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07August

One Writer’s Crazy Ride to Publication

Thanks for all your questions and comments about THIS IS NOT A DRILL, my upcoming YA debut novel (Oct. 25, 2012) from Nancy Paulsen Books of Penguin Group. In an industry that’s slow as continental drift, my path to publication was a zipline ride. I sailed from query to agent to first offer in two days, and thanks to the amazing Jill Corcoran, the powerhouse of energy who is now my agent, I landed with one of the most respected editors in the business within two weeks of submission. Here’s a quick run-down of what happened last summer (starting July 7) :

Thursday: After a year of writing and revising my novel, I held my breath and hit “Send,” submitting to my top 7 agent picks on 7-7 (a winning combination, I hoped.) Jill Corcoran of Herman Agency requested the full manuscript within an HOUR of receiving my query letter and sample pages.

Friday: I woke to a note from Jill (written 1:30 am her time) - she was “absolutely loving” the book and had trouble putting it down to sleep. By noon she emailed me offering representation; she said she knew I had the work still out with several other agents, but she wanted to sign me if I was ready to say yes. I paused my happy dance just long enough to type “yes.” Jill has an English degree from Stanford and an MBA in Finance and Marketing from the University of Chicago. She’s not only worked in advertising, but teaches writing workshops and writes books of her own. I knew she’d understand the bumps in the writing road and could guide me through the marketing maze, too. She sent me a contract, and I emailed the other agents I’d queried that I’d accepted representation so they wouldn’t spend time reading my work.

Saturday: Jill and I talked by email, and I tried not to obsess over my new agent. She friended me on Facebook and I followed her on Twitter, loving all the glowing comments from her clients.

Sunday: Jill emailed me that she felt THIS IS NOT A DRILL was ready to go out without further revisions (amazing!), and she’d be submitting it to editors THE NEXT DAY! I was elated – and terrified.

Monday: Jill sent me a list of the editors she’d subbed to, and I tried not to freak out. I cleaned house all day to keep from going mad and went to bed that night with my head clogged from dust I’d stirred up.

Tuesday: I googled Jill’s clients, googled each editor on the list, googled my name to see what editors would find, and finally got in the car and left the house to stop the googling madness.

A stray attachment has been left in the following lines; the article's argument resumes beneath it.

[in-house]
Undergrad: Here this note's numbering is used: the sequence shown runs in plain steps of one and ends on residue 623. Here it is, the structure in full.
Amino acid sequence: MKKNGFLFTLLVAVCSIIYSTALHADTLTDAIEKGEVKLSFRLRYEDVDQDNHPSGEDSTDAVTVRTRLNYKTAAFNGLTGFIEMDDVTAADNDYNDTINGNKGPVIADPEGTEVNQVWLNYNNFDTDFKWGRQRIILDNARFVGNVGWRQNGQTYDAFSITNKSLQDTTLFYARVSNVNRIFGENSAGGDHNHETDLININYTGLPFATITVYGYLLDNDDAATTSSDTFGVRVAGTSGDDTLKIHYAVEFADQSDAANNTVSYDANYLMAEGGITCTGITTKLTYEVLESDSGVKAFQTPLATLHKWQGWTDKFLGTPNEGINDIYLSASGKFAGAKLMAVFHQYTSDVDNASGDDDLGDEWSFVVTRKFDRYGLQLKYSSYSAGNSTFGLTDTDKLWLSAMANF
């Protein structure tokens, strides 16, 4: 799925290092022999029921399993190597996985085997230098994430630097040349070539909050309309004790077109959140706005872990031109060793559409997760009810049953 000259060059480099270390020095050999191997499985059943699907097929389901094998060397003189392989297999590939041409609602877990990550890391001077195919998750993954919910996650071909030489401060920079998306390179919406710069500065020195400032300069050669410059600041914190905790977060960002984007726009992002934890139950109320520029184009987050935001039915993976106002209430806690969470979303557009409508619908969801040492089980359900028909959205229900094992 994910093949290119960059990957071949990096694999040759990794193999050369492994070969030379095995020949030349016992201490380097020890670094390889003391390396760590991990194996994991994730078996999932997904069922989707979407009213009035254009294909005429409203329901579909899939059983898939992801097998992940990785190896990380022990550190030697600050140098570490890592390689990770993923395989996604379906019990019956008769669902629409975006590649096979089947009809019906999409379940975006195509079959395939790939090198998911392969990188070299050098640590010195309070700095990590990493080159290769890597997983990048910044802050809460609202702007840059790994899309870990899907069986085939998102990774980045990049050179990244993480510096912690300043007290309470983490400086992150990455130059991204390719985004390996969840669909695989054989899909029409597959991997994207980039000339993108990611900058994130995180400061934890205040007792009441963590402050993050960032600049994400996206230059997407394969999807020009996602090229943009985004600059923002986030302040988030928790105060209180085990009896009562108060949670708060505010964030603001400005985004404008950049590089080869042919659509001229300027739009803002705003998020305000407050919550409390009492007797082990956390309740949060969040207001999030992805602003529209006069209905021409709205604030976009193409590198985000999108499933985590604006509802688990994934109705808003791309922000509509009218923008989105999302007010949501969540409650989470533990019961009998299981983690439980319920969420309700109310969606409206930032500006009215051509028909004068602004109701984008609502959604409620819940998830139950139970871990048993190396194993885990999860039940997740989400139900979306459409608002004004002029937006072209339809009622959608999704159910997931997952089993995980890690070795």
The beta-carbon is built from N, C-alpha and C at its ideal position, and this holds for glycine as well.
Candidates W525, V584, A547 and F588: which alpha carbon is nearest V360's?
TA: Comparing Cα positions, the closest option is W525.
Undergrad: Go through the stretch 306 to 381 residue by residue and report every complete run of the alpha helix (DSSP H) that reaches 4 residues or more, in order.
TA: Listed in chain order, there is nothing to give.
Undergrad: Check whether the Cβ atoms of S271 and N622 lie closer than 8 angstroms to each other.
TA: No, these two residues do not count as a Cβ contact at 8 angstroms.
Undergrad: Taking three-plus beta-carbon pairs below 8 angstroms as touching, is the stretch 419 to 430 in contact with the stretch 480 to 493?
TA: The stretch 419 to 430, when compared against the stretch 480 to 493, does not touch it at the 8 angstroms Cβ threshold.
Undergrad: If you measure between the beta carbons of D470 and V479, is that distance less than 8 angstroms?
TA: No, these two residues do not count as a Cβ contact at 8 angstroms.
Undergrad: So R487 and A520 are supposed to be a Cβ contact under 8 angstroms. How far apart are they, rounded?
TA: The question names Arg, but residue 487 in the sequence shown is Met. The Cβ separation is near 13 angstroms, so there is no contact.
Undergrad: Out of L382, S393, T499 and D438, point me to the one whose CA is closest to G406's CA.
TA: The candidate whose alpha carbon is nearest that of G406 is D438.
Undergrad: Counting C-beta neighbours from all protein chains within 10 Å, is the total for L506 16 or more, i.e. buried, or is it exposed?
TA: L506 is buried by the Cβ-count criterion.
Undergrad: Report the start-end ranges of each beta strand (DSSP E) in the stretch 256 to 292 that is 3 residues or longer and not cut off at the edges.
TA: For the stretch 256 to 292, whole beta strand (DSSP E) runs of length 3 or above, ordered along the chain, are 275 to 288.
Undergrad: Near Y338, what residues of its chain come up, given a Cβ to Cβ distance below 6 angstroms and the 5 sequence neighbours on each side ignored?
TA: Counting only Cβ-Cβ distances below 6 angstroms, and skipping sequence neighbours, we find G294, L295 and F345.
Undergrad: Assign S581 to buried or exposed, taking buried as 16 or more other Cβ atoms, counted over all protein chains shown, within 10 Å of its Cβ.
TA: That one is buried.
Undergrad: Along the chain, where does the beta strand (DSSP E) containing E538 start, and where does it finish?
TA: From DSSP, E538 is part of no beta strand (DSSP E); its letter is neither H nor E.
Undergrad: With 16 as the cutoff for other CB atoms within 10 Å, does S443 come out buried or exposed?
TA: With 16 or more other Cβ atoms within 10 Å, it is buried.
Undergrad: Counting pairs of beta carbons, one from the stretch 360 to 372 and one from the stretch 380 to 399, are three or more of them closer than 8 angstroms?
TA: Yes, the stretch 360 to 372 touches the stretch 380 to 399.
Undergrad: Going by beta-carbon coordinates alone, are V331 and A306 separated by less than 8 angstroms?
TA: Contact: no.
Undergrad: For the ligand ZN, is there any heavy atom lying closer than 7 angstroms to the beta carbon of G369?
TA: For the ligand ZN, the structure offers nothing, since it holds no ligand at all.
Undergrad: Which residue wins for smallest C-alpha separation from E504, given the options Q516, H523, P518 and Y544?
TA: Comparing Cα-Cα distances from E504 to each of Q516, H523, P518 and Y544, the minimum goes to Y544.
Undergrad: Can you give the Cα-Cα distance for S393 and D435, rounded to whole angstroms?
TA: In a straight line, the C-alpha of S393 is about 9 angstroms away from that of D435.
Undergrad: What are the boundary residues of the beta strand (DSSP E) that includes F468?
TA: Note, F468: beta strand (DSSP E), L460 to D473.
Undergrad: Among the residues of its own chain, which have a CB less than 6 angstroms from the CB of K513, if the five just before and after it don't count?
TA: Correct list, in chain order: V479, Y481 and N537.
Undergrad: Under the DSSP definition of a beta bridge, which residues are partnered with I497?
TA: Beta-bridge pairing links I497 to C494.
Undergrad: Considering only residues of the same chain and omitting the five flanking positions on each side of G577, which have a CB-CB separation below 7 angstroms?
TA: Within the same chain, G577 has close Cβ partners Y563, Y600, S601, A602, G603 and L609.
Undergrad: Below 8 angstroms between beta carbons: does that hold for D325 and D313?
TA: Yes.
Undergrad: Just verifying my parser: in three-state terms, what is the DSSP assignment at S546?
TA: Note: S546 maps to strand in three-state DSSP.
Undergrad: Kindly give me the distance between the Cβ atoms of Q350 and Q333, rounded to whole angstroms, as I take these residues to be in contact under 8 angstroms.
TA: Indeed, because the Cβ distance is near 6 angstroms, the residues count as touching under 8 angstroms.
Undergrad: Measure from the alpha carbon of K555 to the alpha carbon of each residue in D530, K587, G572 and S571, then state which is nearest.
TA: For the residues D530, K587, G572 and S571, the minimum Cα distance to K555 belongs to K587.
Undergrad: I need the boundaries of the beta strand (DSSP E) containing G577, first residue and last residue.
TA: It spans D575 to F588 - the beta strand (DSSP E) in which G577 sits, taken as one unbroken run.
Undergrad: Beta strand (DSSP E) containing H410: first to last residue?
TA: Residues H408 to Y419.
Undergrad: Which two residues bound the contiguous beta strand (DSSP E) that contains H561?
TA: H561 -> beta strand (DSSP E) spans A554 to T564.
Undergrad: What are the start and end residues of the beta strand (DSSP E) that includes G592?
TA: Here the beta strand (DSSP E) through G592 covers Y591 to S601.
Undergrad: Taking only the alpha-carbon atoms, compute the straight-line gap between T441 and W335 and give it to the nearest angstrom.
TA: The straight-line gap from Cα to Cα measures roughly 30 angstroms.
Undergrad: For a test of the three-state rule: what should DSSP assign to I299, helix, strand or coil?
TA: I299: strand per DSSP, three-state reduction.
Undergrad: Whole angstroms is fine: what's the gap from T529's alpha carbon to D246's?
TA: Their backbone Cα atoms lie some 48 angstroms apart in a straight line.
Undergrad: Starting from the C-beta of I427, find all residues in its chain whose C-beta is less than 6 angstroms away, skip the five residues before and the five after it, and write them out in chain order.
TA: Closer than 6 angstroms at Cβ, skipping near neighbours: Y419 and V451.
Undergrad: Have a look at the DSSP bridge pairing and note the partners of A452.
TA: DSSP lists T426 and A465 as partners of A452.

Wednesday: Jill called. I loved her sense of humor about her kids and her cat, and her competence and knowledge base were obvious. We chatted and hung up. She called back an hour later. I was surprised. “Did you just hang up on me?” she said. “I hope not, ‘cause I have some of the biggest news of your life.” I explained that my phone didn’t even ring, we’d been having trouble with our cell carrier, and I was so sorry if she - WAIT, did you say you had NEWS? “We have an offer coming in!” she said. I tried to listen from my spot on the ceiling, but thank God I wrote it all down ‘cause I was WAY too excited to really hear what she said.

Within days there were multiple offers and I was in the wildly unanticipated position of choosing the editor I felt was the best fit for my book. When I signed with Nancy Paulsen at Penguin, I felt Velveteen Rabbit “real” as a writer.

Hold on a second! Before any of you throw erasers at the screen, there’s something you should know. All this happened fast, but I am no overnight success – not this girl. My whirlwind week came after five years of writing, one shelved manuscript with about 25 rejection slips tucked inside, another agent who unsuccessfully submitted another book of mine (ON the day that became known as Black Wednesday in the publishing world - could there BE any rottener luck?), lots of broken plates in my backyard (my secret catharsis), six weekend writing conferences from Nashville to LA, and hours, days, weeks, months and years of studying the craft through books, articles, blogs, and websites on writing - not to mention countless novels I picked apart to figure out what worked and what didn’t.